Be quick to reconcile (Matthew 5:25) even if it means acquiescing to a wrong done to you (I Corinthians 6:7).

When wronged by a brother, (a) go first to that brother privately to seek some form of remedy. (b) If that fails, involve a small number of other Christians. (c) If that, too, fails let the whole church decide the matter. (d) Be prepared to separate from the so-called brother who will neither reconcile nor abide by the decision of the entire church. Matt. 18:15-17. (Let us not overlook that in this disciplinary process, the "church officers" deemed necessary for a "true church" are conspicuously absent. Consider also the entire context of the Corinthian correspondence, particularly 1 Corinthians 6:4 - ed's note.)

Forgive , forgive, forgive and keep forgiving. Matt. 18:21-35.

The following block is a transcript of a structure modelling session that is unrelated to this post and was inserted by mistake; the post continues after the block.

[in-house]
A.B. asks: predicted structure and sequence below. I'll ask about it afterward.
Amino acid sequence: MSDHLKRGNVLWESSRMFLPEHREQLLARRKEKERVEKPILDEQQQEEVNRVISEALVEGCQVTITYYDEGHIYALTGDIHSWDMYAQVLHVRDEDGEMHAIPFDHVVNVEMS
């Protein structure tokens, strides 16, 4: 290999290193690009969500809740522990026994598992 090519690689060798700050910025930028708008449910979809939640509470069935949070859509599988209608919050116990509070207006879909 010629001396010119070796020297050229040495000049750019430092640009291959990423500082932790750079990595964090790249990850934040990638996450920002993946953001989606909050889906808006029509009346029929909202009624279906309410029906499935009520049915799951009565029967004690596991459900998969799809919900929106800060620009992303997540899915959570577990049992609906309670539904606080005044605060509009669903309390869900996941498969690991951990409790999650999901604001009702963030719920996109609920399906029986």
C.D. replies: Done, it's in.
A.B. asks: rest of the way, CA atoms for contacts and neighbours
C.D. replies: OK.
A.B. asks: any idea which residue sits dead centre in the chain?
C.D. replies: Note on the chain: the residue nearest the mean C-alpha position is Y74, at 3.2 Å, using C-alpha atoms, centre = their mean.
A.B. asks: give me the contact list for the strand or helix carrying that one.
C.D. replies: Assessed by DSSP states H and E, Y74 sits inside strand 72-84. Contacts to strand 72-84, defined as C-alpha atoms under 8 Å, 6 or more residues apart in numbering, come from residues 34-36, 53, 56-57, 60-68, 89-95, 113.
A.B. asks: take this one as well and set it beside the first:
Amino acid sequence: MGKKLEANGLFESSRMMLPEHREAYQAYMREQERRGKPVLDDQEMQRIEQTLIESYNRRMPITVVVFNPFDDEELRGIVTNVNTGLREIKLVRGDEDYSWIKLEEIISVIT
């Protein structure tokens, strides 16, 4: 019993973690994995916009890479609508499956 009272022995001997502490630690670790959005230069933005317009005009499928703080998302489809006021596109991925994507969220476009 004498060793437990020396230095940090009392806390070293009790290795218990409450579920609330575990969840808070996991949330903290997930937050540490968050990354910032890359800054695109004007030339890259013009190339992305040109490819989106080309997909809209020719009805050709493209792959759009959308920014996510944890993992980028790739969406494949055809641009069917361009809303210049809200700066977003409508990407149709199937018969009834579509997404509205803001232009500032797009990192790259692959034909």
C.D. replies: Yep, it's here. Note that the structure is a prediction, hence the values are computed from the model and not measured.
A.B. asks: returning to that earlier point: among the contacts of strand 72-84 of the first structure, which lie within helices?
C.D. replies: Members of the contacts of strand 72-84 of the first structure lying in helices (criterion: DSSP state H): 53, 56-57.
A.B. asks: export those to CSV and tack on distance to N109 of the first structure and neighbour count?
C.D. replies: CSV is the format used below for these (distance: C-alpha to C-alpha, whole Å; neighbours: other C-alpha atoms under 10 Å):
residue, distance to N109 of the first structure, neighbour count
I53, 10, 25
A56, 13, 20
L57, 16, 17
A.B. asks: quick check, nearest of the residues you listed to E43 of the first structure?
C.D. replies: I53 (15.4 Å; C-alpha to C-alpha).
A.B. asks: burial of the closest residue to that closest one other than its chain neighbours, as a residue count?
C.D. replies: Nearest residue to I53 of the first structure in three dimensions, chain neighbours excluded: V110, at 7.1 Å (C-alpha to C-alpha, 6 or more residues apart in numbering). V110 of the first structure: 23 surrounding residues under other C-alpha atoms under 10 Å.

It is more important to be reconciled than to be vindicated or to receive "justice" (I Corinthians 6:7, Matthew 5:39-41, Luke 6:29-30). The prudent among us will overlook offenses, making reconciliation unnecessary. Prov. 19:11. The mature Christian will be last to take offense, first to forgive, first to initiate reconciliation.

Reconciliation 102

Proclaim the gospel everywhere you go. When necessary, use words. St. Francis of Assisi.

It is hard to believe what we can't see. When we preach a Christ who died to initiate reconciliation with men, we sound like reconciliation, but do we look like reconciliation? In other words, does our message fail to grip men's hearts and change their lives because, as Marshall McLuhan said in the 60s, "The Medium Is The Message"? If preaching isn't enough, if the message must be caught as well as taught, seen as well as heard, modeled as well as preached, what does reconciliation look like?

WHAT RECONCILIATION LOOKS LIKE. Reconciliation looks like Elizabeth Eliot who went as a missionary to the Auca Indians who had murdered her husband, Jim.

Reconciliation looks like my friend, Tom, who was slapped with a frivolous lawsuit by a man in his church and responded by sending his accuser a blank check and offering to settle the issue Biblically, in church, according to the provisions of Matthew 18.